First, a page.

When speaking about remarkable Serbian families in Dubrovnik, the authors of the exhibition and catalogue first mention the Bošković family, stating that they were the most famous and richest Serbian family in Dubrovnik during the XIX century. The most important representative of this family, Božo, was president of the Serbian Orthodox Church Municipality and great Serbian benefactor. Not less significant, with numerous different life stories and fates, were the families of Berdović, Barbić, Aleksić, donor captain Niko Kovačević (who raised the home for poor Serbs), Konstantinović-Opuić, Lainović-Tošović (whose founder was a woman!), Bravačić, Milišić, Mičić, Ćorović, Škuljević...


The testimonies about them, if there are no living descendants, are given by representative villas, personal jewelry and art kept in the museum, or granted to the Serbian Orthodox Church or any other foundation or institution ”available” to the people, monumental tombstones – masterpieces of sculpture, written heritage, paintings-portraits, family and personal photographs. Fates of merchants, teachers, priests, seamen, lawyers, artists, photographs take turns through the book-catalogue about Serbs in Dubrovnik...
We are also presented valuable knowledge about the famous people who used to live and work in Dubrovnik for a long or short time, leaving a bright trace and advancing the life of the city itself, as well as the Serbs in it. For example, Georgije Nikolajević, teacher, priest and bishop. About bishop and scientist Nikodim Milaš. About academic painter Atanasije Popović. We also find out a lot about Vlah Bukovac, who eternalized many Serbs of Dubrovnik in his paintings-portraits. Kosta Strajnić, the unbelievable personality of the Dubrovnik and (then) Yugoslav culture, dives out before us again, as well as the tragic fate of the perhaps last truly Renaissance person of this city – Milan Milišić.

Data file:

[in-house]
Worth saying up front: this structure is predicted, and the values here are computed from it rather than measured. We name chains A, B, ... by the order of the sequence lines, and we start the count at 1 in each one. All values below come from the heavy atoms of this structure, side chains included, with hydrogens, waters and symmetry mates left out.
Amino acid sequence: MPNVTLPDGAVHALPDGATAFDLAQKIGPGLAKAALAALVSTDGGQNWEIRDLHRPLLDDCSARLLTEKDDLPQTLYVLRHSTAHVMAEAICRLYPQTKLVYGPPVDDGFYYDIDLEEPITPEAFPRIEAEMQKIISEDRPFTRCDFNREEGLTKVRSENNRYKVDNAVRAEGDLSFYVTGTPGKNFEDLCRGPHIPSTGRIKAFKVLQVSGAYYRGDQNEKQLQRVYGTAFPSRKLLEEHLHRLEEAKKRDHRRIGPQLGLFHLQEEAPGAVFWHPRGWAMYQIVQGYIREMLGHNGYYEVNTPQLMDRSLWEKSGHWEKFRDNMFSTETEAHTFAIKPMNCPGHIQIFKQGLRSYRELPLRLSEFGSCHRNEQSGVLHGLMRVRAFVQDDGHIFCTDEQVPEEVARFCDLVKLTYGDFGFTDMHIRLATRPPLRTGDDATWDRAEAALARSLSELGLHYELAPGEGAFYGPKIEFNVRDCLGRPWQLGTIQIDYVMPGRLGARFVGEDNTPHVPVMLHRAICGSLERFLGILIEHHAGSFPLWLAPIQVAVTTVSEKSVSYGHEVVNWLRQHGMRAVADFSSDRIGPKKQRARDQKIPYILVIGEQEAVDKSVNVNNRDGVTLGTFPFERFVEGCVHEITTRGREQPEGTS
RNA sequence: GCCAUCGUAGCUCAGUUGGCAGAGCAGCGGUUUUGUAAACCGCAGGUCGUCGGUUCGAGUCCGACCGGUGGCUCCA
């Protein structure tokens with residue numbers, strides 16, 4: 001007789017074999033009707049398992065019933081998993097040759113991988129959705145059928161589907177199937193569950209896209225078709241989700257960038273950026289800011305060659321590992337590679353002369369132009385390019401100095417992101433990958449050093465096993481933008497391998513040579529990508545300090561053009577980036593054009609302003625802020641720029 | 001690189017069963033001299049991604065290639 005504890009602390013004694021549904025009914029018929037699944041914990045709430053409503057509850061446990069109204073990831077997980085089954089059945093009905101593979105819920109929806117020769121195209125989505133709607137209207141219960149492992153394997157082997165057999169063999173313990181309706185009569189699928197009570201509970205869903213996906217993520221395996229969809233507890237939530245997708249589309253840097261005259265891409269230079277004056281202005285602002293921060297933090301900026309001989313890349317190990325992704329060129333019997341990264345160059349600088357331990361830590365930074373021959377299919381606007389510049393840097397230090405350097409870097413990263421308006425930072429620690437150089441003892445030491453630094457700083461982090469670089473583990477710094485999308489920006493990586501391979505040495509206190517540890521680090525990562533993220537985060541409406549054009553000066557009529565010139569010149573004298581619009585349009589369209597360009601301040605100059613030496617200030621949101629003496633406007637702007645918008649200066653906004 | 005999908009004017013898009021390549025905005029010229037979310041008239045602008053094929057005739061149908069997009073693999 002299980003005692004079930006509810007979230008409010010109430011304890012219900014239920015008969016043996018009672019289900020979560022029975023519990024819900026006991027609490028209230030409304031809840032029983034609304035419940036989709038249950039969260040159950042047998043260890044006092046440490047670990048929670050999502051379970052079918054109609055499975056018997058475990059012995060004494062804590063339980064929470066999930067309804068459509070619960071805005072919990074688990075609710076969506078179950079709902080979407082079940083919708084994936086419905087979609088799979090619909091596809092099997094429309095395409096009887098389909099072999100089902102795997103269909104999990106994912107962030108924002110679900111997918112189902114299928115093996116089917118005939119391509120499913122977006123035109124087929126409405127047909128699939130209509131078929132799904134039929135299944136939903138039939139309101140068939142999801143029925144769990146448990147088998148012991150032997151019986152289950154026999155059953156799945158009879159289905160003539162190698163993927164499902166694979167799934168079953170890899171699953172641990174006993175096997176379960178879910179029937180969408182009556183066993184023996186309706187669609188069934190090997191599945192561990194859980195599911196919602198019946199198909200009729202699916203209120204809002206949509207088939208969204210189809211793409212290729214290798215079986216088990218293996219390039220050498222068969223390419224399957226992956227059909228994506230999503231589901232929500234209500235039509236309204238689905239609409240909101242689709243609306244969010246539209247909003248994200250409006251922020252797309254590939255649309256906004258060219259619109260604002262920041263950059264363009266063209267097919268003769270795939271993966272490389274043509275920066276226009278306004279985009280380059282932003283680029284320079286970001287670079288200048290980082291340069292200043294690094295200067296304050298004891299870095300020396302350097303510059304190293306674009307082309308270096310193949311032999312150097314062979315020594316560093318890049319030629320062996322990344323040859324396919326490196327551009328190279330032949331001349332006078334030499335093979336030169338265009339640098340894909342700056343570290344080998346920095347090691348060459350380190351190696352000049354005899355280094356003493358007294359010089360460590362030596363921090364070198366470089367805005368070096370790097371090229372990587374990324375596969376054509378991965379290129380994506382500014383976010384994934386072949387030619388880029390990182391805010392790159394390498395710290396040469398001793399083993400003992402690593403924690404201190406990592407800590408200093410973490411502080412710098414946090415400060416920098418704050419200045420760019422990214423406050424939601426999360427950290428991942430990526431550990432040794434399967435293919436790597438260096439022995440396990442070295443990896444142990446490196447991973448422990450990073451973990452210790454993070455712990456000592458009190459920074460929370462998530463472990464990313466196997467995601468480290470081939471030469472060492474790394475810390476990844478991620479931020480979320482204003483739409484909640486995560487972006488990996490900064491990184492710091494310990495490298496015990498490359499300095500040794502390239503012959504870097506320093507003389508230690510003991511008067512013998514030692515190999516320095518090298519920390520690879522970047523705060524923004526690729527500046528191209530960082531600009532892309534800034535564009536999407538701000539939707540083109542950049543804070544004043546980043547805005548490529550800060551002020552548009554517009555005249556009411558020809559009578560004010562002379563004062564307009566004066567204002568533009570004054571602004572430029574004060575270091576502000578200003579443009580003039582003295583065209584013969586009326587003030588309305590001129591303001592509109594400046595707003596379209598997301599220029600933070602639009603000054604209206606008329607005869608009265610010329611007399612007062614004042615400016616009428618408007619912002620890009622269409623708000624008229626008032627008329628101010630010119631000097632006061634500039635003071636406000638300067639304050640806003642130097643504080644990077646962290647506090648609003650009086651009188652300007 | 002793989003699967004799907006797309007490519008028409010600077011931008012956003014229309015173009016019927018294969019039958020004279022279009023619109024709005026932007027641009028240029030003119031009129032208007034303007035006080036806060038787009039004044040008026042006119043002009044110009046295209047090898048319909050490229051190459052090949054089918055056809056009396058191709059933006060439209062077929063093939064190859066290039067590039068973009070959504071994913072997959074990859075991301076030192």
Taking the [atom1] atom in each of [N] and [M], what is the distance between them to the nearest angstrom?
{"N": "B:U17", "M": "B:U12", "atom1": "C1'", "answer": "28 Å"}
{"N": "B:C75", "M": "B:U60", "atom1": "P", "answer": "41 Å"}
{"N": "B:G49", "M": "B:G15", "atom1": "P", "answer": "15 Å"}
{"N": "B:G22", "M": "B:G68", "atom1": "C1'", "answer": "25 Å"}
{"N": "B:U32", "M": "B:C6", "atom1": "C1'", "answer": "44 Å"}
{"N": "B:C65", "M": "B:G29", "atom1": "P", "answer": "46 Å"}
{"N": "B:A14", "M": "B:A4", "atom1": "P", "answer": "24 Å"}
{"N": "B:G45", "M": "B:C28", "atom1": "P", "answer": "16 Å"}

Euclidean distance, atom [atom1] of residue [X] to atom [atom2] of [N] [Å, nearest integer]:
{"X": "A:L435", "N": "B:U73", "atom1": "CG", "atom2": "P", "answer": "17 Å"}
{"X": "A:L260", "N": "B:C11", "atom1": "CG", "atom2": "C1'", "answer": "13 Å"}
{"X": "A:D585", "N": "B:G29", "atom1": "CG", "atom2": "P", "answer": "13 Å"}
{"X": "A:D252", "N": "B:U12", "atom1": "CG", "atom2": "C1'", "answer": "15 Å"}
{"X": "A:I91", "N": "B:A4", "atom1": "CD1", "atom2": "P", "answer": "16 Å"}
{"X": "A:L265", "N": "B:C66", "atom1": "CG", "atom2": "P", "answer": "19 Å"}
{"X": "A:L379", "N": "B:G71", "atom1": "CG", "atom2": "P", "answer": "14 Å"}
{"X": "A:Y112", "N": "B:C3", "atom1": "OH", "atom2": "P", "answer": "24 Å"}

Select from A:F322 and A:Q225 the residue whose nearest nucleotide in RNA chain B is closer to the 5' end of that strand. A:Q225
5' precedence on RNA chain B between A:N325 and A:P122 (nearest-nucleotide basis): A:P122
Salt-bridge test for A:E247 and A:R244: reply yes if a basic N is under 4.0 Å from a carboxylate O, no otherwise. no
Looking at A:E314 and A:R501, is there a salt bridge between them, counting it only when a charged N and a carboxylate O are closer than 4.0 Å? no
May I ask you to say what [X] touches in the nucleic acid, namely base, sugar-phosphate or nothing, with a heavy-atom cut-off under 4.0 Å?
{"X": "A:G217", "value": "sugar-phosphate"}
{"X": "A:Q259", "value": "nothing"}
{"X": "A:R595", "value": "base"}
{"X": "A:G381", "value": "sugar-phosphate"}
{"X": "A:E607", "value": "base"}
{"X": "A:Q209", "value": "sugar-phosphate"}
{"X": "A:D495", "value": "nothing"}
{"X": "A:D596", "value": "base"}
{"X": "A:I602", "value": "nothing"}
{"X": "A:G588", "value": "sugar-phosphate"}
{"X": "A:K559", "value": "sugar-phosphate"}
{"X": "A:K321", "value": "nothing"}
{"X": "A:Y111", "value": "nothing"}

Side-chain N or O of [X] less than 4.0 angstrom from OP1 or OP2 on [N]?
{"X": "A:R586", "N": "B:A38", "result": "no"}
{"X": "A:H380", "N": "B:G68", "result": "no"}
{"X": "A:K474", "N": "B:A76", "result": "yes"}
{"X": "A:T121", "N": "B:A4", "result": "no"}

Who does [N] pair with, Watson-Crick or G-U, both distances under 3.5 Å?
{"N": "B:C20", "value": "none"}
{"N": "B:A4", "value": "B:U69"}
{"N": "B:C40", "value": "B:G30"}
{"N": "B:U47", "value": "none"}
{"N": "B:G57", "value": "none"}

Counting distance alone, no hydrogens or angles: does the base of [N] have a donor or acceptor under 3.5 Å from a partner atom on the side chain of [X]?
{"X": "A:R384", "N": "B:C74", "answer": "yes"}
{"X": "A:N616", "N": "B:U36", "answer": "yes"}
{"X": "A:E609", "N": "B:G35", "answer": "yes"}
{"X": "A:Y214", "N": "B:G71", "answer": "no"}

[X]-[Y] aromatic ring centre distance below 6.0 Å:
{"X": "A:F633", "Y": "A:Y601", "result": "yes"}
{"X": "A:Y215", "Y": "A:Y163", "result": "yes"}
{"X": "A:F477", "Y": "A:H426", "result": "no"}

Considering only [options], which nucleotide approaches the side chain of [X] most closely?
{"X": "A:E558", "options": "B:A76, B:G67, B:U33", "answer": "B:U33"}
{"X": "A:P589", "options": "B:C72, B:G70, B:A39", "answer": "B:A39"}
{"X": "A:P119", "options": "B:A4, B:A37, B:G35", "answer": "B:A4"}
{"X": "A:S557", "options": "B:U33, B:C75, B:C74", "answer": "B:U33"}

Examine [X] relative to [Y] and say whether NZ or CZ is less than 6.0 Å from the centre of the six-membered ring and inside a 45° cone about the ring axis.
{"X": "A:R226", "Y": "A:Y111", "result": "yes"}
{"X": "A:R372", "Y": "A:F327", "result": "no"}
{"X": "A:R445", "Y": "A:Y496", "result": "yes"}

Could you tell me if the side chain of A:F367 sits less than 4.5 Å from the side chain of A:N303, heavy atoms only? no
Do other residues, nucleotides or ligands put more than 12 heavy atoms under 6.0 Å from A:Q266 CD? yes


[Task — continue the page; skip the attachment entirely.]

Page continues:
It is neither our objective nor possibility to turn this text into a history of Serbs in Dubrovnik. We only wish to point out to the reader, regardless if they visited the exhibition in the Serbian Archive or not, or if they have the accompanying catalogue-study, some of the possible paths of serious contemplation of this topic which has been wrapped in silence for a long time. History has its rules and caprices, and often sharply repeats us lessons we missed to learn. And the decades-long Serbian accepting of imposed banal general places about Dubrovnik and their compatriots in that beautiful Mediterranean city, from early commissarial brochures to the burning of truck tires for posing in the ”bombarded city”, is one of the terribly badly learnt lessons and ”history for repeaters”.


The fact that this is a truly remarkable cultural event in Serbia is also justified by the fact that His Holiness Patriarch of Serbia Irinej, His Grace Bishop of Zahumlje and Herzegovina Grigorije, the then minister of culture in the Serbian government, as well as the ambassador of the Republic of Croatia in Belgrade, gave a speech at the exhibition opening.


Tales of the Archive
The exhibited archive documents also included agreements on the opening of first Serbian schools. The correspondence of metropolitans, patriarchs, priests and tutors with the authorities and contractors working on school objects. The census of Orthodox Serbs during the first half of the XIX century. The private correspondence of only some of the great number of significant and rich Serbian families in this city of merchants.


Catholic Serbs
Before the erection of the first Orthodox Serbian church, and later, especially during the XIX and early XX century, there was a great number of Catholic Serbs, still insufficiently known and recognized. Thus it could have happened that the state of Serbia didn’t mention the great jubilee of Ruđer Bošković (1711-1787) in 2011, one of the most important world scientists, although his father was Serbian, settler from eastern Herzegovina, and his mother Italian. He considered himself a man of Dubrovnik. He did belong to the Catholic Church with all his being and was, like his brothers and sisters, member of a monastic order (Order of Ignatius Loyola), but this doesn’t change anything.